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Salvage teams assess Shell’s Kulluk drill barge on Kodiak Island’s Kiliuda Bay in Alaska Jan. 9, 2013, in this picture provided by Greenpeace. (HANDOUT/REUTERS)
Salvage teams assess Shell’s Kulluk drill barge on Kodiak Island’s Kiliuda Bay in Alaska Jan. 9, 2013, in this picture provided by Greenpeace. (HANDOUT/REUTERS)

Shell may have moved rig to avoid taxes, lawmaker says Add to ...

Royal Dutch Shell PLC may have moved an oil rig that ran aground off Alaska last month to avoid millions of dollars in taxes, U.S. Representative Ed Markey said on Thursday, disputing company assertions that it relocated the rig based on weather forecasts.

The 30-year old Kulluk rig ran aground on New Year’s Eve in what were described as “near hurricane” conditions while it was being towed south for the winter.

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Mr. Markey, in a letter sent to Shell president Marvin Odum on Wednesday, said the decision to move the rig “may have been driven, in part, by a desire to avoid … tax liability on the rig.”

Shell said in response that its decision to move the rig was guided by safety not taxes.

An outspoken critic of the oil and gas industry and the top Democrat on the House Natural Resources Committee, Mr. Markey said his office received information about Shell and taxes from the Alaska revenue department.

Shell could have been exposed to state taxes if the rig had remained in the state until Jan. 1, as Alaska law says an annual tax of 2 per cent can be assessed on drilling equipment on that date, Mr. Markey said in the letter.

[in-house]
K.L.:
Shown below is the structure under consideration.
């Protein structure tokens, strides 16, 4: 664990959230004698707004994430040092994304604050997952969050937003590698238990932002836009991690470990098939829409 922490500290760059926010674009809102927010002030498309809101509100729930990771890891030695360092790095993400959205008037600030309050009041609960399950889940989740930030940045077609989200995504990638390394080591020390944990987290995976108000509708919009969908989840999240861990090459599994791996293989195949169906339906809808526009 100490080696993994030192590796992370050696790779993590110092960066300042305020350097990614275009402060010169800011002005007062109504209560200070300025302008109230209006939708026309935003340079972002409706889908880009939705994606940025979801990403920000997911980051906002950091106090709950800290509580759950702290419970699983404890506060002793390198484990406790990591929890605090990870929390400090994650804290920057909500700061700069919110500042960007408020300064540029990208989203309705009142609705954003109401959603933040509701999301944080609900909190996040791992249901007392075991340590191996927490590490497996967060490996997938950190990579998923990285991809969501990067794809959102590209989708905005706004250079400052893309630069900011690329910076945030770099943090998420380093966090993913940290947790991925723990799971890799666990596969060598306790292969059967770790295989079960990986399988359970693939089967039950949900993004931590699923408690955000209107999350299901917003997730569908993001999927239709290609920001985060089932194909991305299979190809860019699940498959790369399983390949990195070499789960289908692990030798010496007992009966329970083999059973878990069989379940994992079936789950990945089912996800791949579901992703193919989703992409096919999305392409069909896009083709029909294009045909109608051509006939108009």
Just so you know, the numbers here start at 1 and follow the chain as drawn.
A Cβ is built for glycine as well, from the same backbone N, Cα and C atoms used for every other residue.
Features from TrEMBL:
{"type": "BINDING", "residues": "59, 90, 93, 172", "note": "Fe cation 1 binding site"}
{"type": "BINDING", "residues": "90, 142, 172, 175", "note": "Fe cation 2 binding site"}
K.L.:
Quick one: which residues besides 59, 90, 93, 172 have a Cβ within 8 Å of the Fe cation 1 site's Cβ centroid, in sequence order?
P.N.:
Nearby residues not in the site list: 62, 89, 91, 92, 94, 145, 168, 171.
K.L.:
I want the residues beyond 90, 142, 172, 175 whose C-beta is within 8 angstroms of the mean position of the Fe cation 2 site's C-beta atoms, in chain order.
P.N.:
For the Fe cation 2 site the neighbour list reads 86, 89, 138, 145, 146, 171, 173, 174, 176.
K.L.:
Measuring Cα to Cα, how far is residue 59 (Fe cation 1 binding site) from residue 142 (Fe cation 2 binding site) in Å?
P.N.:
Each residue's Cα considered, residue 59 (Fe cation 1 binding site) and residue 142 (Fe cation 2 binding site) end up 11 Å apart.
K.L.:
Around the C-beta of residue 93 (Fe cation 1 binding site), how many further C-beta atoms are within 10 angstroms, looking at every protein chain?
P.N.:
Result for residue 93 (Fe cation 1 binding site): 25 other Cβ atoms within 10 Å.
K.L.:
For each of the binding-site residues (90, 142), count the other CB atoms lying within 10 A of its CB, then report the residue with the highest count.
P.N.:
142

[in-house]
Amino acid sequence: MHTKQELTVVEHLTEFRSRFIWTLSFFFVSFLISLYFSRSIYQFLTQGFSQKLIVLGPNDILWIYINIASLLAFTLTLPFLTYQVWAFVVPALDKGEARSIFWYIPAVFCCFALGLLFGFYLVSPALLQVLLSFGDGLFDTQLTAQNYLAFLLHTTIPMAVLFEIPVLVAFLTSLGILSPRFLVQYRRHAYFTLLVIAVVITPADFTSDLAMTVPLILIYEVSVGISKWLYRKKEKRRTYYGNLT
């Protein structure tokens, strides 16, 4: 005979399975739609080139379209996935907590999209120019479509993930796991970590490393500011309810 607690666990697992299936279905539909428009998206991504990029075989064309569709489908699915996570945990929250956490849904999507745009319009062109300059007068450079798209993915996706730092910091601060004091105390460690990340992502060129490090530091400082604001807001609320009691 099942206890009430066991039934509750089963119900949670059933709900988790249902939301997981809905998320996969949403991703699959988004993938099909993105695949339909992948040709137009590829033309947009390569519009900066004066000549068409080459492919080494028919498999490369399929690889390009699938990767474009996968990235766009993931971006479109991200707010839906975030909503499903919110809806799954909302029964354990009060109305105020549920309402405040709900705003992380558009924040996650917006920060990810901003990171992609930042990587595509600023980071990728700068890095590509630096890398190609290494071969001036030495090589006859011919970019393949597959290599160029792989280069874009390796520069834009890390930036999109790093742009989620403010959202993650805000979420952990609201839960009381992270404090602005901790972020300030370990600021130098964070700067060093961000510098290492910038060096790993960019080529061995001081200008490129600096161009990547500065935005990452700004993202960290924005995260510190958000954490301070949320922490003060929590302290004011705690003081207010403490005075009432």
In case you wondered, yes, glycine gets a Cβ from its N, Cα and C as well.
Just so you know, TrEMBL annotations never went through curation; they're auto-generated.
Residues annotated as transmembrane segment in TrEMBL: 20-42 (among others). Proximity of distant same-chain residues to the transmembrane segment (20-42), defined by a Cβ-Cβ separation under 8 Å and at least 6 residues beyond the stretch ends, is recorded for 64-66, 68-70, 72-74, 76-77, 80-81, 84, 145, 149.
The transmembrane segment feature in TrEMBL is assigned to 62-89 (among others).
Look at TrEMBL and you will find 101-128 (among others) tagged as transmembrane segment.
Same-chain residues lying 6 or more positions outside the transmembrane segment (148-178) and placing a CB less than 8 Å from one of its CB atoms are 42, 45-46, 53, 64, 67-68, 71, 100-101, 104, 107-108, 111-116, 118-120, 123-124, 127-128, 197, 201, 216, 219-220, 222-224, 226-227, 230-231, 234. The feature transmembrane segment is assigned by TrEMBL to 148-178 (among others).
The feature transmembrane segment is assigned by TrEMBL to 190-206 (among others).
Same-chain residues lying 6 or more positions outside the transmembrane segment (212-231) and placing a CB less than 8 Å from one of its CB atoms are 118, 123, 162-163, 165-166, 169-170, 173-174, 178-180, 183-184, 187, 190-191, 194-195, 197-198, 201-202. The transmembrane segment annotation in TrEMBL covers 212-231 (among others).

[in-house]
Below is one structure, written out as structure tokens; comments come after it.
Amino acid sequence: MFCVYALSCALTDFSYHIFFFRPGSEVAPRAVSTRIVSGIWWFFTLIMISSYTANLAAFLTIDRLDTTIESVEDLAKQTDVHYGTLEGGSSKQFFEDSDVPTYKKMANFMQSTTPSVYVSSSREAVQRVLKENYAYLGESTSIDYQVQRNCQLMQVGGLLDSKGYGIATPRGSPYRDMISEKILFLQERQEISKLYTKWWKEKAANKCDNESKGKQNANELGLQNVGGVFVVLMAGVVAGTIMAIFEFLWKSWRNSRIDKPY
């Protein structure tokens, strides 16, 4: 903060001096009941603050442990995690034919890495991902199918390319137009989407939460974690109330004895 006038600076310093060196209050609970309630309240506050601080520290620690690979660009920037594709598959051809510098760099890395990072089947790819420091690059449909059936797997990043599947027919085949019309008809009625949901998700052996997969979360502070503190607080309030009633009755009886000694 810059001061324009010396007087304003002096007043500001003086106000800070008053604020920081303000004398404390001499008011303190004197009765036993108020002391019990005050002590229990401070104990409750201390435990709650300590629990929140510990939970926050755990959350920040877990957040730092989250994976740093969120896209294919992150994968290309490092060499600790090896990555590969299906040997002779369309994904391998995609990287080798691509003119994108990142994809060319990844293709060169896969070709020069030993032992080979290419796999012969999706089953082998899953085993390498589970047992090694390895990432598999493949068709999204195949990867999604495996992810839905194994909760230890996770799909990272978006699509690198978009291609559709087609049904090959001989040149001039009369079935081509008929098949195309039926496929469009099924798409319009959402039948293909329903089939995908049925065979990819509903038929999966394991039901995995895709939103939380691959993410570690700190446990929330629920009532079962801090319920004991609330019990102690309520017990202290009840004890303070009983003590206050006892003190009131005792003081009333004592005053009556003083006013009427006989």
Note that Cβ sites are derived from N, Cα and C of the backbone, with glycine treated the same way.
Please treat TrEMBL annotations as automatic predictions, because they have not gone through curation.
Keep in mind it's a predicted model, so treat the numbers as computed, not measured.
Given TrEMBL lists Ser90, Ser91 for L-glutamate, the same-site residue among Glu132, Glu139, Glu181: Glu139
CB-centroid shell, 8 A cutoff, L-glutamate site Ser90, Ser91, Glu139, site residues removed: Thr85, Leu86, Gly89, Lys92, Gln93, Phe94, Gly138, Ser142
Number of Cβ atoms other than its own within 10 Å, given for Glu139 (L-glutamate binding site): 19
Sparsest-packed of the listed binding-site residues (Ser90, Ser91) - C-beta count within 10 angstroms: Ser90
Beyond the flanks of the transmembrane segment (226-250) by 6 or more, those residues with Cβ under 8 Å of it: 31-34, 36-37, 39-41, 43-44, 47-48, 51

The company spent $292-million (U.S.) on upgrades on the rig since purchasing it in 2005, so the liability could have been about $6-million, he wrote.

By comparison, Shell has spent $4.5-billion since 2005 to develop the Arctic’s vast oil reserves.

The Kulluk incident was the latest problem for Shell in the Arctic. Its 2012 drilling season was plagued with delays due to lingering ice in the water and problems with getting a mandatory oil spill containment vessel certified by the Coast Guard.

The U.S. Interior Department said this week it will review Shell’s Arctic oil drilling program to assess challenges the company faced and to guide future permitting in the region.

A Shell spokeswoman said the plan was always to move the Kulluk in December.

“While we are aware of the tax environment wherever we operate, the driver for operational decisions is governed by safety.” She said an approved tow plan for the rig included weather considerations.

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